The biggest change in the stimulus brought about by the Senate compromise bill is the removal of $40 billion in "fiscal stabilization" aid to state and local governments, and the addition of a $15,000 homebuyer tax credit that will likely cost around $40 billion. This "swap" will have a big impact on California.
California's share of the "fiscal stabilization" cut will be about $5 billion. The result will probably be deeper cuts in education funding or a state tax increase such as the temporary sales tax increase or an income tax surcharge.
A significant share of the homebuyer tax credit will also flow to California. However, I don't believe this will do much to stabilize the housing market. It will mostly be a windfall to homebuyers with solid finances (it can't help with a downpayment since the cash comes in a tax refund next year). It won't stall foreclosures, and as a temporary measure, will not have any impact on long-term home prices. Hasn't the real estate boom and bust in this state already done enough to enrich some while impoverishing others?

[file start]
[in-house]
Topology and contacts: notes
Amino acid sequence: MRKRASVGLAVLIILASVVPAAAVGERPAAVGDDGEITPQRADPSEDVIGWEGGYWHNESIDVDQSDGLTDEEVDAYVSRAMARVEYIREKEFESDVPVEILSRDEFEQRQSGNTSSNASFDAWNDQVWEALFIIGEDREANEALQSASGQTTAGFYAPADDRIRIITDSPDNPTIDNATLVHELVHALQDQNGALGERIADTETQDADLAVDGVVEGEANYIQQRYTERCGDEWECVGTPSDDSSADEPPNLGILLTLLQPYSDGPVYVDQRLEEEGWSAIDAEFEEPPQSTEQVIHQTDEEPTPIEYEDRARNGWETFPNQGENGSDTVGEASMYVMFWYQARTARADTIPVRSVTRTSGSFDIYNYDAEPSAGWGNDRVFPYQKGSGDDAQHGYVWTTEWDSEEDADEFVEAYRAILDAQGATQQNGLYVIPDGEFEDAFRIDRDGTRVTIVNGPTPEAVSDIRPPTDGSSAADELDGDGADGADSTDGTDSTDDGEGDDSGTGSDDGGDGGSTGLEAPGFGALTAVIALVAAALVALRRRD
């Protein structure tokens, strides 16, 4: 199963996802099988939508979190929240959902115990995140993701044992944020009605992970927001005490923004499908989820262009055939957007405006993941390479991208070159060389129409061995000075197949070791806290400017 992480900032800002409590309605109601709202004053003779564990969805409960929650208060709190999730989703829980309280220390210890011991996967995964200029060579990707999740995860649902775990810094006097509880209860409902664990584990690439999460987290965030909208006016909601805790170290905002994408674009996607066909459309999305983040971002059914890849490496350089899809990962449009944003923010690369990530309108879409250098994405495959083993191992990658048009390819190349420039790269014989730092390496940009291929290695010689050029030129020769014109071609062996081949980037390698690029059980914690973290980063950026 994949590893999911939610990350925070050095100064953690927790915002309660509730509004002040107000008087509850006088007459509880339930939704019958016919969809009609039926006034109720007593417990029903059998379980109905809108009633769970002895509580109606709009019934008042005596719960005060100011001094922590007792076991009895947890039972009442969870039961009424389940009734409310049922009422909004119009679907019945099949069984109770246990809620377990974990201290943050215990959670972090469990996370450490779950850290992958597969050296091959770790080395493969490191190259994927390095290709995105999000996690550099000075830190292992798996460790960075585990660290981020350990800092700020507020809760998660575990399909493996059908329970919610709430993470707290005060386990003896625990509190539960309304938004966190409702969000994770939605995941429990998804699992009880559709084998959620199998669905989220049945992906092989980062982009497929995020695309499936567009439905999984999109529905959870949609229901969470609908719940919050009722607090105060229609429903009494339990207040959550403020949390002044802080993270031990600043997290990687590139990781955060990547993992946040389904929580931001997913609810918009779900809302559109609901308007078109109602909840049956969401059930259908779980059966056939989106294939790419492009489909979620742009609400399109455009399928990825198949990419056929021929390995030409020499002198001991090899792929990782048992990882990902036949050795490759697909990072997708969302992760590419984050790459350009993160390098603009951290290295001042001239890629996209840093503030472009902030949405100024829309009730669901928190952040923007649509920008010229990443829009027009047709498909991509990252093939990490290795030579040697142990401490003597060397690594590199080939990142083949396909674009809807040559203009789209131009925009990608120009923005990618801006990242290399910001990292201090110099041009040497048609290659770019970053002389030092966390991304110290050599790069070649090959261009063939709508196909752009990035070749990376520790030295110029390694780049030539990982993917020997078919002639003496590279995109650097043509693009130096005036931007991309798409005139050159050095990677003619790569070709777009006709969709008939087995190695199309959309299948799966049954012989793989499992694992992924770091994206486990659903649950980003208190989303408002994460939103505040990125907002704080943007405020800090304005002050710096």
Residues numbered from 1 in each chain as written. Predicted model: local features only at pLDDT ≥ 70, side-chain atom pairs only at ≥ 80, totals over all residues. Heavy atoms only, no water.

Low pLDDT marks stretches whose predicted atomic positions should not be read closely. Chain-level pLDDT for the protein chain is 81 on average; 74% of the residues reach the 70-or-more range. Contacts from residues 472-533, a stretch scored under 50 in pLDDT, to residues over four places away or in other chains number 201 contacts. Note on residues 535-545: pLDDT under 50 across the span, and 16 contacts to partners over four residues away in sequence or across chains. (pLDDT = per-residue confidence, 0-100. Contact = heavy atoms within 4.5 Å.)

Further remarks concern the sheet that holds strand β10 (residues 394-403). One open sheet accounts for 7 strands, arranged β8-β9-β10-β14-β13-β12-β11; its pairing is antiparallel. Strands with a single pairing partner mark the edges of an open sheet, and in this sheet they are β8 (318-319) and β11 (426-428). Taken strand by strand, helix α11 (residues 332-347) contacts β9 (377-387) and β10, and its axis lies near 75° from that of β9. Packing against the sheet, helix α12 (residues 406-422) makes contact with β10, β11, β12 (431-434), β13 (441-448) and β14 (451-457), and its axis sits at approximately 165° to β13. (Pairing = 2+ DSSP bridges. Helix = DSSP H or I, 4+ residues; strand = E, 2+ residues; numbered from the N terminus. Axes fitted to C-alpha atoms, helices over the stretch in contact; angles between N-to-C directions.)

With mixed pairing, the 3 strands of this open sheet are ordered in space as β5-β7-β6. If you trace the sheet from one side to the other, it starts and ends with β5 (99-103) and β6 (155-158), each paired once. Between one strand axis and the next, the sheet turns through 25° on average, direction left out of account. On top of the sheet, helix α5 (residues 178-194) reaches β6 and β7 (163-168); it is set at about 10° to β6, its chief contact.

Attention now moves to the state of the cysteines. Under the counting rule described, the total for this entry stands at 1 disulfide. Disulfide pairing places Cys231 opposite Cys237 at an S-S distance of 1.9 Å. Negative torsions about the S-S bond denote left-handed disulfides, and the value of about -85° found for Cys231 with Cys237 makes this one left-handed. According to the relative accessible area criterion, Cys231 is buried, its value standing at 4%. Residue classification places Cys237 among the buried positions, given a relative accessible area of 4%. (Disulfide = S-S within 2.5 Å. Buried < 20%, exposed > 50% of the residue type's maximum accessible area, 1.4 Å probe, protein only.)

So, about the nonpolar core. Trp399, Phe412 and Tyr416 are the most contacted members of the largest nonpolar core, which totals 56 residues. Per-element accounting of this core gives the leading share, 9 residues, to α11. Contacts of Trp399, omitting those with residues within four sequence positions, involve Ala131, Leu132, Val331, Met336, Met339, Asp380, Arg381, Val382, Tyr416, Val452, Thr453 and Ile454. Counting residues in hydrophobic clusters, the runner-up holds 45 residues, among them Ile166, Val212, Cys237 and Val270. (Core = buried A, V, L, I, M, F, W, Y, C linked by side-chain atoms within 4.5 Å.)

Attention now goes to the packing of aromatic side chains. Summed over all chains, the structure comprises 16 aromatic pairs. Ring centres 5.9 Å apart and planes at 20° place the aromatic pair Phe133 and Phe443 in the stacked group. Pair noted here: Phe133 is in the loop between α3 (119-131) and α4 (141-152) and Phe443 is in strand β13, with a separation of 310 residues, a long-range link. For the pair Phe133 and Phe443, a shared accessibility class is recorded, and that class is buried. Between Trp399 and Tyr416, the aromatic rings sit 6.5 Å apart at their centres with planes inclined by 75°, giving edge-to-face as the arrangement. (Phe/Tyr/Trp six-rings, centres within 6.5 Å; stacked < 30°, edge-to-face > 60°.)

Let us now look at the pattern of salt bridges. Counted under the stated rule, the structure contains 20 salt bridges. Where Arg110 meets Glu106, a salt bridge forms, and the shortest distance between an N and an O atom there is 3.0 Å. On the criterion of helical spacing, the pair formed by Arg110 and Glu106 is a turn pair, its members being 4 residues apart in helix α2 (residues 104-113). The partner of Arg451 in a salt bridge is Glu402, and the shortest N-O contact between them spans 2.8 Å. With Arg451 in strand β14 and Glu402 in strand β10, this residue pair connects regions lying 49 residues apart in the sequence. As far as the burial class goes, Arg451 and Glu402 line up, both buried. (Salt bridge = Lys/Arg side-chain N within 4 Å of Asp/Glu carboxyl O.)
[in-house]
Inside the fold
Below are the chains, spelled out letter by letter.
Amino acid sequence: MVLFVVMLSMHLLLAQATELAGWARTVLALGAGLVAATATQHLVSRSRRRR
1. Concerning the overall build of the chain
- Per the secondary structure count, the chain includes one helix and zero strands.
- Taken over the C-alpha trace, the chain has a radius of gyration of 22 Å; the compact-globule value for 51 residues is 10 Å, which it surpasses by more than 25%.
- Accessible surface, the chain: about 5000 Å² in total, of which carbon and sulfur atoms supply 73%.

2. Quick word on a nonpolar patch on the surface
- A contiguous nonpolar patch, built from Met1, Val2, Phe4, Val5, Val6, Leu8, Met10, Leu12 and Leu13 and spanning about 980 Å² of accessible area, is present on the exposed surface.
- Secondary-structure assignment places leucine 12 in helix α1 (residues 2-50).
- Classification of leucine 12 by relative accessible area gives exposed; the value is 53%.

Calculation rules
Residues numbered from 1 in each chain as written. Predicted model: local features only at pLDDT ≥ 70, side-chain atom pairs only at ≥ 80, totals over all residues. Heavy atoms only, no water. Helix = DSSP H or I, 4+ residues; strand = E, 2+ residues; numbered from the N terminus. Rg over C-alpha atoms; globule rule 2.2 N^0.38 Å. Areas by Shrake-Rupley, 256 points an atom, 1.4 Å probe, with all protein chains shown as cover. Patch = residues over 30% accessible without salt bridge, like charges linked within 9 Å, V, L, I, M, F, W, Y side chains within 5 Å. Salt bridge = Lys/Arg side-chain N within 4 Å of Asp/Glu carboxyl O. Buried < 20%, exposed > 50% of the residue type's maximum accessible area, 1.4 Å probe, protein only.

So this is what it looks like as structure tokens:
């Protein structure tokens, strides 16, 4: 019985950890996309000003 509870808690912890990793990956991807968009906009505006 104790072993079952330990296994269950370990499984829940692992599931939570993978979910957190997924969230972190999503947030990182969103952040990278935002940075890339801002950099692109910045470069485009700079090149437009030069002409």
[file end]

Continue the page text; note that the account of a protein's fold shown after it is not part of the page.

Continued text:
I recommend the state take the federal tax credit back with a surcharge on the state income tax of anyone who gets the federal homebuyer credit. I don't know the logistics and legalities of doing this, but there must be a way. It won't eliminate the need for tough choices in the state budget, but is far better than some of the alternatives being considered now like increasing the sales tax.
Update 2/13: It appears that this homebuyer tax credit has been removed from the final stimulus package, so this proposal is no longer relevant.